How do my eating habits affect my community and the earth? By studying the impact of different foods on the communities that produce them, and the way that food and processing wastes are eliminated, I can make a more conscious choice about what and how to eat. Most of us are aware that factory farmed meat has a negative impact on the earth in several ways (there are many books and films on this subject, such as Food, Inc.) but vegetable farms can also have a negative impact on the earth, depending on their agricultural practices. And this is just one of the many ways to measure the impact of eating on my community and the earth.
…as long as the sun still shines and people still can plan and plant, think and do, we can, if we bother to try, find ways to provide for ourselves without diminishing the world. ” — Michael Pollan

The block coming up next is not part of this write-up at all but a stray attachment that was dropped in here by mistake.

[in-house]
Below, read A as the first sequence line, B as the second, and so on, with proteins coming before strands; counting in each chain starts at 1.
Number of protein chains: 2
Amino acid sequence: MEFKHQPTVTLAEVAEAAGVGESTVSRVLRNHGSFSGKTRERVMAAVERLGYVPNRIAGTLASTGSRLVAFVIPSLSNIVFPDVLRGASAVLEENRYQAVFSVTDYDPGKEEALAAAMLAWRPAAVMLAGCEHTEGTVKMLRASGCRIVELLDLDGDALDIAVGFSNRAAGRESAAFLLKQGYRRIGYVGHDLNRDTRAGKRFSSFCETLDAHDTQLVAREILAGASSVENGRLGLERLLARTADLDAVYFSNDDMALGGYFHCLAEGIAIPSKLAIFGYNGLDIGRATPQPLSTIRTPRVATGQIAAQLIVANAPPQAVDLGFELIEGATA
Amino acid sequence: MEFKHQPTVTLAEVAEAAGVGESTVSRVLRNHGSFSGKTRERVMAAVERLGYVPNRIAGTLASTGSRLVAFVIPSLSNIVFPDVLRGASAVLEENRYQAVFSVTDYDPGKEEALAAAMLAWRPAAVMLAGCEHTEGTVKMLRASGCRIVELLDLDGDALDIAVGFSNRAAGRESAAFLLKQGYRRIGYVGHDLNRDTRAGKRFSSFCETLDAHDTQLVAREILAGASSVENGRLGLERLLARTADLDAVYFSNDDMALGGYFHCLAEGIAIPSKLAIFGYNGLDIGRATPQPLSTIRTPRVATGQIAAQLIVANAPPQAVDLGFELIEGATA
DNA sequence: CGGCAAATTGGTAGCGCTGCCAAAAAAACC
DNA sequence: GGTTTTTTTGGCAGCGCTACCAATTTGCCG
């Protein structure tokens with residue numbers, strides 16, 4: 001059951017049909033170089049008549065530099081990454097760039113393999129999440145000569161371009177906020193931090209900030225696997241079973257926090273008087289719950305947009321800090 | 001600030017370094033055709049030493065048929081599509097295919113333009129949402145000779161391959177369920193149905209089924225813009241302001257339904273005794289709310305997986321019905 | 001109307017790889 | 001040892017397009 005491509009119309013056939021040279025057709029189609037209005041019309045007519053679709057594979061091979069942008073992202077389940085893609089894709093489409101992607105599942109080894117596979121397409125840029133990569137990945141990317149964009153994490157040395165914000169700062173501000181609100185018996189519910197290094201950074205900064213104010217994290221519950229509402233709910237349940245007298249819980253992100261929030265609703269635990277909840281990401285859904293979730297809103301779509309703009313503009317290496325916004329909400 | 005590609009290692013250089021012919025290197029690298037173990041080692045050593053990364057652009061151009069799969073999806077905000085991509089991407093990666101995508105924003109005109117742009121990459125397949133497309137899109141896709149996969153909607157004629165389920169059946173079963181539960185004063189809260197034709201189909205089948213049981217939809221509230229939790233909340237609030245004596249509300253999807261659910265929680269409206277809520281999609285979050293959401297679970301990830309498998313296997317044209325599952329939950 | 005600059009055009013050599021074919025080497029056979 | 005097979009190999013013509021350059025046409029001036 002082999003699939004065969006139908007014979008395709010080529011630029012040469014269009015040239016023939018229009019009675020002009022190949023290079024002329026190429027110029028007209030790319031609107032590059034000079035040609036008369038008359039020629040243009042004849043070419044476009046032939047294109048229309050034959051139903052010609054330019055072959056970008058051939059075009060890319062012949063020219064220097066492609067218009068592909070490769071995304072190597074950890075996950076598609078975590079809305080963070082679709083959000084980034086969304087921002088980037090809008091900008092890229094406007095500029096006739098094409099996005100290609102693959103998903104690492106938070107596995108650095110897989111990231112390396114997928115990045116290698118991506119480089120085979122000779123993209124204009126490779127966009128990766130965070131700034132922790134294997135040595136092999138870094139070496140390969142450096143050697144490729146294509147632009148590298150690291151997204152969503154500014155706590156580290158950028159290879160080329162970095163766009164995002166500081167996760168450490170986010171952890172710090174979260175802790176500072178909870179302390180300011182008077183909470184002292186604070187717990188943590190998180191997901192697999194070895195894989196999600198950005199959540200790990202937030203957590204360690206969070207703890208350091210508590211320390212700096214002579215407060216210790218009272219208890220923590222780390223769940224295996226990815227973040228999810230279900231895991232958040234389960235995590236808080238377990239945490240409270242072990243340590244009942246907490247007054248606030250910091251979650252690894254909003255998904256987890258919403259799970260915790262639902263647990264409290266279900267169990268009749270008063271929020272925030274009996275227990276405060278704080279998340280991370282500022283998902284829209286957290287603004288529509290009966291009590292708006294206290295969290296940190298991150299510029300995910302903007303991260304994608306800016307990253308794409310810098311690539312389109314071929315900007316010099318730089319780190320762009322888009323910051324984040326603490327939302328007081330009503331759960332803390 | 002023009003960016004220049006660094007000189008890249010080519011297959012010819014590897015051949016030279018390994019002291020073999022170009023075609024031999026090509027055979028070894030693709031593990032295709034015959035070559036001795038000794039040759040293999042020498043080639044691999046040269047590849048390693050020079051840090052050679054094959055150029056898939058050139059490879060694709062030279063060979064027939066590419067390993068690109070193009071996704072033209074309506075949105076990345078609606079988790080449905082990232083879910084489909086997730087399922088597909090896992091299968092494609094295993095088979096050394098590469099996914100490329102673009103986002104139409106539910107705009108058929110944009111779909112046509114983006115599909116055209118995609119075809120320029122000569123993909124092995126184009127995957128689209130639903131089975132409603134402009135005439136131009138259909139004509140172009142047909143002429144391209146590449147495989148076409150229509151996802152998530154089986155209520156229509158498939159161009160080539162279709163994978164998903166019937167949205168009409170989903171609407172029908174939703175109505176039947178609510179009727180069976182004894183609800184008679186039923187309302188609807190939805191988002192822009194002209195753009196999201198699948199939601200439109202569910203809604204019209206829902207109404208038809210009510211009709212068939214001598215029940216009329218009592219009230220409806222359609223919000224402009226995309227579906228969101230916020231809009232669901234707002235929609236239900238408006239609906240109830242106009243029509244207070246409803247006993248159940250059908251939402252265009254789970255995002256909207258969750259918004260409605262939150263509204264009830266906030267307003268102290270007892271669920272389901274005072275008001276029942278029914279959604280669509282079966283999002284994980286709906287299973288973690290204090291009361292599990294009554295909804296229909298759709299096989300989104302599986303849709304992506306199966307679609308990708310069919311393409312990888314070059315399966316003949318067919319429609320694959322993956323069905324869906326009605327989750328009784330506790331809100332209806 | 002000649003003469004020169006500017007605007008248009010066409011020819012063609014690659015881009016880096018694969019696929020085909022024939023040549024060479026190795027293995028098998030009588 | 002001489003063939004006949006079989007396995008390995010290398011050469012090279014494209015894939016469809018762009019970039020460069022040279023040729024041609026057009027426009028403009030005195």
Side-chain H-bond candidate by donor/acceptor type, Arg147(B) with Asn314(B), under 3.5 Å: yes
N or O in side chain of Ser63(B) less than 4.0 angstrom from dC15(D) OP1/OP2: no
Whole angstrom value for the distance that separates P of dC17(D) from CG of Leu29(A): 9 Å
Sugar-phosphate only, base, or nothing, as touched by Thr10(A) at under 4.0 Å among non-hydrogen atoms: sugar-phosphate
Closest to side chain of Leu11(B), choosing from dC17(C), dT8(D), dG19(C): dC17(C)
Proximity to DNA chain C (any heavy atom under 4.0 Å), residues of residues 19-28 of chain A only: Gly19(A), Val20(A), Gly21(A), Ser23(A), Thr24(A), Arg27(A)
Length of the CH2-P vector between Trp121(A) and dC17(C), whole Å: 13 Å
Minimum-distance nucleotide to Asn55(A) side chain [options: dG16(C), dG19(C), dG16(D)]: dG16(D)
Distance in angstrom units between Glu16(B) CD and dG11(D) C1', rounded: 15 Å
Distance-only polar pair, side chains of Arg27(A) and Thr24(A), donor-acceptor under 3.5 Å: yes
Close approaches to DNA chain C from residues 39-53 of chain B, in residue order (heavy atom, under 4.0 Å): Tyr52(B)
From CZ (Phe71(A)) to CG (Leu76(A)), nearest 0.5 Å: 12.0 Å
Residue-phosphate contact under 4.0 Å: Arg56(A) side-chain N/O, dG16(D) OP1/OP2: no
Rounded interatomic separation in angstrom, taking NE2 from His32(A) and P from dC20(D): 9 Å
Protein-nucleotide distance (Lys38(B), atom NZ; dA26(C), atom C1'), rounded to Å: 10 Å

I once visited the world-famous Mayo Clinic in Minnesota for a comprehensive physical exam. I spent a lot of time hanging around the waiting rooms, which were filled with pamphlets about every manner of health-related concerns. If you have read my blog before, you know that the subject of food and eating is one of my favorites. So the pamphlet on healthy eating kept me occupied for quite a while. Unfortunately traveling can sometimes be a challenge for healthy mindful eating, and I can end up eating lots of simple carbs and even cheese for lack of better choices. But I anticipated that this trip to the Mayo would be different, especially after reading their healthy eating brochure.